Spiritual Maturity

Once we have accepted Christ as our Savior, our journey of sanctification has only begun. We have a tremendous duty to grow in knowledge of the Lord (Ephesians 4:15) so that we can become ambassadors of the Good News and share our faith with confidence. Our spiritual growth can be developed through many different methods.

One example of a growth opportunity is in the problems we face. In Genesis 35:1-15, God reminded Jacob of his new name, “Israel”, which meant “one who struggles (strives) with God”. Although Jacob’s life was filled with difficulties and trials (many of which were self-inflicted), his new name reflected his desire to stay close to God despite life’s disappointments.

Many people believe becoming a Christian results in living a trouble-free life. Consequently, as life gets tough they become disappointed. Instead, they should learn to prevail with God through life’s storms. We can only do this if we involve Him in our struggles through a prayerful life and one that seeks His will for us. Problems and difficulties are painful but inevitable; we need to see them as opportunities for growth (Proverbs 3:12; John 16:33; Romans 5:3;12:12; 1 Corinthians 10:13; James 1:2-8;12; 1 Peter 5:10).

Spiritual growth can also come through listening to and obeying God’s Word. In Deuteronomy 5:1-33, the people of Israel had entered into a covenant with God, and Moses commanded them to hear, learn, and follow His statutes. Christians have also entered into a covenant with God through their faith in Jesus Christ as Savior and should also be responsive to His expectations. Moses’ threefold command to the children of Israel is excellent advice for all of God’s children. Listening is absorbing and accepting information about God. Learning is understanding its meaning and implications. Following is putting into action all we have learned and understood. Without an abiding desire to find time every day to open our Bibles and spend time with our Creator, we will never achieve all that God wants us to be.

Recognizing weaknesses is often the beginning of growth. What is weak faith? Paul speaks about about immature faith in Romans 14:1-23, describing a faith that has not yet developed the muscle it needs to stand against worldly influence. If a new Christian came from a background of idol worship or ritualistic practices, they might feel empty or unfaithful if their Christian worship did not include the same practices. These individuals need to be reminded of what saving faith is actually all about. It is in our response to the weaker members of the body of Christ that offers opportunity for our own maturation: we should respond in love. Certainly, some issues are central to the faith and worth fighting for—but many are based on individual differences and should not be legislated. We should promote unity in the essentials and liberty in the nonessentials, but in everything, love.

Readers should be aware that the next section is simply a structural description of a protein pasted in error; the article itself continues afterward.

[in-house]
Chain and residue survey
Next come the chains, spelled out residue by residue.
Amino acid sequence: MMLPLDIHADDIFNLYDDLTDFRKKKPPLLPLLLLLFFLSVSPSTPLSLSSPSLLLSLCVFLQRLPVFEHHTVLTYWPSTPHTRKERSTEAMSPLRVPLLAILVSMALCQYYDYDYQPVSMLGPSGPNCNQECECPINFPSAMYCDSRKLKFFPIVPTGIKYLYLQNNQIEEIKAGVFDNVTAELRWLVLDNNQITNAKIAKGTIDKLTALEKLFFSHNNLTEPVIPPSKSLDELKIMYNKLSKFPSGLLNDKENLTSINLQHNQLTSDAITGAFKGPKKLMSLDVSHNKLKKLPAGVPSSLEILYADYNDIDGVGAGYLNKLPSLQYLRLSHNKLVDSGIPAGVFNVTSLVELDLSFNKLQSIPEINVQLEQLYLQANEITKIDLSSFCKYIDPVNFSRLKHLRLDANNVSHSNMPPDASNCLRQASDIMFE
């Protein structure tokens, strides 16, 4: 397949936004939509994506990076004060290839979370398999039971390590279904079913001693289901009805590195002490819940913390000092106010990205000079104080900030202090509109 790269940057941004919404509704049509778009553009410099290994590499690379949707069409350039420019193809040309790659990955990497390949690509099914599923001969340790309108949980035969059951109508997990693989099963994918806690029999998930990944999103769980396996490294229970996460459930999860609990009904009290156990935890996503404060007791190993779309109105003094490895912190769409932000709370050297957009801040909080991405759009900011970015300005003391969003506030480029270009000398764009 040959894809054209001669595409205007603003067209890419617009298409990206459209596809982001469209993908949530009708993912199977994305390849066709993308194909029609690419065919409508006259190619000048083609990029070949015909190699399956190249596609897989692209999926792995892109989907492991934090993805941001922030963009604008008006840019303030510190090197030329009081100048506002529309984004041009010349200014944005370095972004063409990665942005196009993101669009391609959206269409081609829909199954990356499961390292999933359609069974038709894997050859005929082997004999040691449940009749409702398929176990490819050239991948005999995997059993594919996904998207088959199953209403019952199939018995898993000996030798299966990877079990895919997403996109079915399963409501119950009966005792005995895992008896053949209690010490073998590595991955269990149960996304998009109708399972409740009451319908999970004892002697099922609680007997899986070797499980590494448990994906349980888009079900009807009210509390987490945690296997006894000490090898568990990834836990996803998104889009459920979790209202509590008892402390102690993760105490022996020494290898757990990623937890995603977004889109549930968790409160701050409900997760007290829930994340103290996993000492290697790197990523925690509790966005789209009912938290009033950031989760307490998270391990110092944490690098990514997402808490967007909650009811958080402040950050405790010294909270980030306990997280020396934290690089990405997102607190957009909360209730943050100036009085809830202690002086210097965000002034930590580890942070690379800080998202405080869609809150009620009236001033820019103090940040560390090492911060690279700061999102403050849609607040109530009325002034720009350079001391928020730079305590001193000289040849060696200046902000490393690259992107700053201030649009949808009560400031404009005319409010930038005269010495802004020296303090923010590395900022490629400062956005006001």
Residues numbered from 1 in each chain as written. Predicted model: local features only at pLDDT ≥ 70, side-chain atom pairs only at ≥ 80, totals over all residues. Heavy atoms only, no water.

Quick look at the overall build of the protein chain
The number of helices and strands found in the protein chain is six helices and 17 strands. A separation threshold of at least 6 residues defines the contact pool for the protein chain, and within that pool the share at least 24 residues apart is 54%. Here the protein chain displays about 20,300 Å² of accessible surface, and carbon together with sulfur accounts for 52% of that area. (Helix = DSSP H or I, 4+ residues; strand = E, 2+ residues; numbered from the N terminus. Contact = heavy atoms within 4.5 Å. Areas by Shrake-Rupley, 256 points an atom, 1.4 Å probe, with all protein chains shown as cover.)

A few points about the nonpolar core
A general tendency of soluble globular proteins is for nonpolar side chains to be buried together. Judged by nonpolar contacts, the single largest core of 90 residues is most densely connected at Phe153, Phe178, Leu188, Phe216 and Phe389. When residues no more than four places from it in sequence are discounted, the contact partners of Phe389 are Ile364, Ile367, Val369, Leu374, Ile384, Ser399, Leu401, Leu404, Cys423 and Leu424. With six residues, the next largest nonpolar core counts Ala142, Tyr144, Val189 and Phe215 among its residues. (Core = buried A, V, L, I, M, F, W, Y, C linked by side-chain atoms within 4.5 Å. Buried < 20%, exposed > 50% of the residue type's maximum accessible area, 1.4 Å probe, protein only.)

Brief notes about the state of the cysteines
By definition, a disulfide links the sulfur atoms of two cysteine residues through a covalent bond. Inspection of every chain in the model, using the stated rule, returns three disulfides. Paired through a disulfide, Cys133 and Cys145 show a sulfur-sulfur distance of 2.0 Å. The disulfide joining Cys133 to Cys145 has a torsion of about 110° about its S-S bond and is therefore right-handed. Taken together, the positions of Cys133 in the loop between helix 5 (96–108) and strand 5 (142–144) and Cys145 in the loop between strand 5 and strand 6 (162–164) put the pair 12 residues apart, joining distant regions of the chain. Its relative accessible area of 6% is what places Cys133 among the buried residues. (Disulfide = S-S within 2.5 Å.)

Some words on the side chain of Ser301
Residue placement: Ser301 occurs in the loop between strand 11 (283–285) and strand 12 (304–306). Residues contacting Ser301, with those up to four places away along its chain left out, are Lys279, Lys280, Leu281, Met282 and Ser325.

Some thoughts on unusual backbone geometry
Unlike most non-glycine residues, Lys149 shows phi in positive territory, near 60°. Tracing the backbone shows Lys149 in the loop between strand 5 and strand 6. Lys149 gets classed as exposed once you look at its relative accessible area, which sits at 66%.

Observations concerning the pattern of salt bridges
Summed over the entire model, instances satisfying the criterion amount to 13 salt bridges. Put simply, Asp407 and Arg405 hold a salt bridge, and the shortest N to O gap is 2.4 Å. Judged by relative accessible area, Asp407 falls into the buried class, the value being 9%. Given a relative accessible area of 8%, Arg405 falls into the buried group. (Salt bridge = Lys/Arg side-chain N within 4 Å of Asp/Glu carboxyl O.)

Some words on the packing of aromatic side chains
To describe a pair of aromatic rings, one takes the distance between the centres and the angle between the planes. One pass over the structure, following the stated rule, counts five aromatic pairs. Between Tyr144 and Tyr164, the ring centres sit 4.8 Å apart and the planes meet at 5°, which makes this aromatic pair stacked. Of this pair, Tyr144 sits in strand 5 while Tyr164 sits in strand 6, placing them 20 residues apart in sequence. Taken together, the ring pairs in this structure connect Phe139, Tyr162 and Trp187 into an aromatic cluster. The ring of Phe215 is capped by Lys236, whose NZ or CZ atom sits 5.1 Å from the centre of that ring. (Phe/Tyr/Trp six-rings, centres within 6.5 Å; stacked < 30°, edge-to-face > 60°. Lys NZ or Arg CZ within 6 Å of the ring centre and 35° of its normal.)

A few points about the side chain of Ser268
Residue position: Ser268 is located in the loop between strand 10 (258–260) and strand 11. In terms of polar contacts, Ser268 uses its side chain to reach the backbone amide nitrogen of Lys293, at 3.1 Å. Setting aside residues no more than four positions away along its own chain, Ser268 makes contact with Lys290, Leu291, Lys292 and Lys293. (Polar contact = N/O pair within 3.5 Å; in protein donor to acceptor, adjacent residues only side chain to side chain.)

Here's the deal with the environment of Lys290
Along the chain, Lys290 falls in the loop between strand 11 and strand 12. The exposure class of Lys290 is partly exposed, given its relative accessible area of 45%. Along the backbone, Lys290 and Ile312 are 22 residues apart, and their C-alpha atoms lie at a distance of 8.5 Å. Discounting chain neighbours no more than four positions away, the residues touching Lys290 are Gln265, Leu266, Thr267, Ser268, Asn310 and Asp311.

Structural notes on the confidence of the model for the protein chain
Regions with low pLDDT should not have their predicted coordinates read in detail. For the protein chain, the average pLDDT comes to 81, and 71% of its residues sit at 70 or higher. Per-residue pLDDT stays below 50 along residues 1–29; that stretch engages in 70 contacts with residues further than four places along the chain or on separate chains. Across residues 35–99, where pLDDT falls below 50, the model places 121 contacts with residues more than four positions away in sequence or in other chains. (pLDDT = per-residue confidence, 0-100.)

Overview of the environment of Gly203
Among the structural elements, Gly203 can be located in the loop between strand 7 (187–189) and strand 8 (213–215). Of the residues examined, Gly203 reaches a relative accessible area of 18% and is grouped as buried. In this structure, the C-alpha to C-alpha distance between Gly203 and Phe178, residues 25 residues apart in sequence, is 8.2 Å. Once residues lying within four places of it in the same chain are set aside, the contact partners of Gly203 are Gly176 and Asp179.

Spiritual growth results from discipline. Paul uses the illustration in 1 Corinthians 9:1-27 of winning a race to explain that the Christian life takes hard work, self-denial, and grueling preparation. As Christians, we are running toward our heavenly reward. The essential disciplines of prayer, Bible study, and worship equip us to not only run such a race, but win as well. We should not merely observe from the grandstand or turn out to jog a couple of laps now and then. Our training should be diligent—one that reflects the importance of preparing for the life to come. Reflect on your own maturing process: Do you make time for study every day?

Finally, recognize that through self-denial, spiritual maturity will flourish (Matthew 19:29; Romans 12:1;13:14; Philippians 3:7; 1 Peter 2:11; James 4:7). At times, we must give up something of earthly pleasure in order to do what God wants. It is in these moments where the world is striving to draw you into its grasp, that your ability to withstand the trappings of the world will be most tested. With the goal of pleasing God foremost in your heart, the necessary denial of worldly pleasure seems like nothing compared to the eternal, imperishable reward that will be ours.